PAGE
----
The specific mechanisms of unhealthy intra-movement politics have traditionally been multiple, typically involving splinter groups, secret meetings, deliberately obstructionist proceduralism, redbaiting, adoption of consensus-based decision making, and similar. I have lived through all of these in one form or another. Today, I find that the particular mechanism involves making accusations that a comrade is guilty of racism, sexism, homophobia, nationalism, ableism, or similar. This tactic is particularly prevalent because of a quirk in how we discuss those topics today: in the day-to-day scrum of real-world argument, many on the left act as if they must treat any claim of offense as legitimate in order to believe that such claims are ever legitimate.

Typically undertaken in a spirit of self-defense, this attitude treats all claims of a specific type of offense (whether racism, sexism, etc) as equally strong. This means that accusations of racism or sexism or similar are pursued even in those instances where the evidence of such offense is scant or nonexistent. And precisely because the world is indeed full of bigotry, and because the left must oppose it, these claims take on remarkable destructive power when wielded carelessly or in the pursuit of organizational power. Such accusations will often be correct, after all, considering the world we live in.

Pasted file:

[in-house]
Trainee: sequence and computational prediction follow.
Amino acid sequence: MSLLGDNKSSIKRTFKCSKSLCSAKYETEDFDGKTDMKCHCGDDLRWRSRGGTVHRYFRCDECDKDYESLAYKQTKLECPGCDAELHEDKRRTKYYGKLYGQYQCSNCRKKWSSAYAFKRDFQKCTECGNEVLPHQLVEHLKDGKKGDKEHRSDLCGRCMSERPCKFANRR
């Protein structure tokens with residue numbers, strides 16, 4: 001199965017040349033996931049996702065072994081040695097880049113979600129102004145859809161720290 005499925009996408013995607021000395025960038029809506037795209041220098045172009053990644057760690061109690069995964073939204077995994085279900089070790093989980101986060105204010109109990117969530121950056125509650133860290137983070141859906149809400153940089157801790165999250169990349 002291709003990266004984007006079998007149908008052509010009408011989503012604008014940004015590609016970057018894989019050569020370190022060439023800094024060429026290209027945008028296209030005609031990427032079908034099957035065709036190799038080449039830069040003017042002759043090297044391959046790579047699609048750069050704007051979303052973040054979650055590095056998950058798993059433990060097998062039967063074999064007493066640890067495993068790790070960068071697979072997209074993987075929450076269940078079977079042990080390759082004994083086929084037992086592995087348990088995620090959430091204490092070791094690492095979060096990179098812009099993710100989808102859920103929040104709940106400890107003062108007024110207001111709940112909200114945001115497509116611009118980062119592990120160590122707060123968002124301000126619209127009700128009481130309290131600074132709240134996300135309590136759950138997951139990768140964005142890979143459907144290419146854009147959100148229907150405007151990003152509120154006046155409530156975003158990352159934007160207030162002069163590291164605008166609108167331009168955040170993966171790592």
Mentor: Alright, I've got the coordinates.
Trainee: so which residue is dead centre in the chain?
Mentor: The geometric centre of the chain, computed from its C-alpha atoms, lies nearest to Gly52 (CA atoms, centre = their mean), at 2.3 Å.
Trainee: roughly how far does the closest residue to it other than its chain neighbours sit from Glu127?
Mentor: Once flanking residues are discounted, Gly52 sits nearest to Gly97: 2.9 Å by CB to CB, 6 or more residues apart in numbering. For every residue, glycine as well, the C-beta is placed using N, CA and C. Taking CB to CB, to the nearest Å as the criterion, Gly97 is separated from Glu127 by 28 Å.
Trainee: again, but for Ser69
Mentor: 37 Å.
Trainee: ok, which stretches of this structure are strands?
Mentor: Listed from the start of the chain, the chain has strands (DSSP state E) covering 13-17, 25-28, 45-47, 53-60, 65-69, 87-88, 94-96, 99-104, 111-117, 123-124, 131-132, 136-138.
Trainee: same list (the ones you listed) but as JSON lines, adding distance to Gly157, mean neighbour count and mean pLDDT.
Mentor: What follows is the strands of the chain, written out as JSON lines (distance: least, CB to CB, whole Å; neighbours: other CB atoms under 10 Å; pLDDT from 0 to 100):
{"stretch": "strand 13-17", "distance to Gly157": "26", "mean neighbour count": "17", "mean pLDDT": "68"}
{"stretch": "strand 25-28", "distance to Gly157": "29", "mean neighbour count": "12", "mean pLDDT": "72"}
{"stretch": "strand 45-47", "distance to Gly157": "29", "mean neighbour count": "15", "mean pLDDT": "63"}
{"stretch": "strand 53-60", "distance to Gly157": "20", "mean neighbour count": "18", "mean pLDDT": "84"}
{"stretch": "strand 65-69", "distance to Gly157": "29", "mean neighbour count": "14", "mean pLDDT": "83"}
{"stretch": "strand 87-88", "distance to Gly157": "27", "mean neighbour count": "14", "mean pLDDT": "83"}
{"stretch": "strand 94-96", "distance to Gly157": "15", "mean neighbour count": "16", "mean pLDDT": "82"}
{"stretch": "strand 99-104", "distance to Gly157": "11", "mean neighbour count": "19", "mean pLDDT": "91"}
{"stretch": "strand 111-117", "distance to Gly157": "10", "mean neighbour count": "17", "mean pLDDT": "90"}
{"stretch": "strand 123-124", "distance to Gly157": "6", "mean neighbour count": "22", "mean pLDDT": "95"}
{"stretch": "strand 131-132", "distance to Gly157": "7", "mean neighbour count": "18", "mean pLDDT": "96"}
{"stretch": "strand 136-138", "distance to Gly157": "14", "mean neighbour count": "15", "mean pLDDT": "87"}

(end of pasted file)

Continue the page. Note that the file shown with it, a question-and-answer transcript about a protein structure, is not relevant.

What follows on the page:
But there is also no doubt that the power of these accusations is often wielded cynically and recklessly. The left cannot abandon its commitment to fighting racism, sexism, homophobia, and other bigotries, or else it deserves to lose; it cannot entertain every cynical, exploitative accusation of these bigotries, or else it cannot possibly win. That there is wide righteous middle ground between these options is obvious; we could zealously oppose bigotry and reject false claims of bigotry at the same time. That there is currently no mechanism within the left that can steer us into that middle ground is obvious too.

The best fix for these issues is to go offline, as the online space imposes zero cost on making frivolous accusations in a self-interested way. There is a certain accountability and authenticity inherent to the face-to-face world. I have always valued the political uses of presence. But I have also seen far too many IRL left groups devolve into horrific infighting to believe that the real world is immune to these problems.

The left has had power in the past, in many places and at many times. We could have power again. The 20th century saw dozens of left movements take real material power, sometimes with smaller numbers than the American socialist left employs today. But times have changed. In particular, armed struggle is no longer a viable option. The state’s violent potential is far greater than it once was, relative to that of any realistic insurgency movement. Havana can no longer be taken with rifles and a dream. So the left can turn only to people power. There is no alternative path to power. And if we are to attract the masses, current inter-left dynamics cannot endure. Fair or unfair, for good or bad, there is no alternative to fixing what’s broken in the way the left communicates with itself. A true mass movement cannot possibly emerge from a constantly bubbling cauldron of invective, paranoia, and incrimination.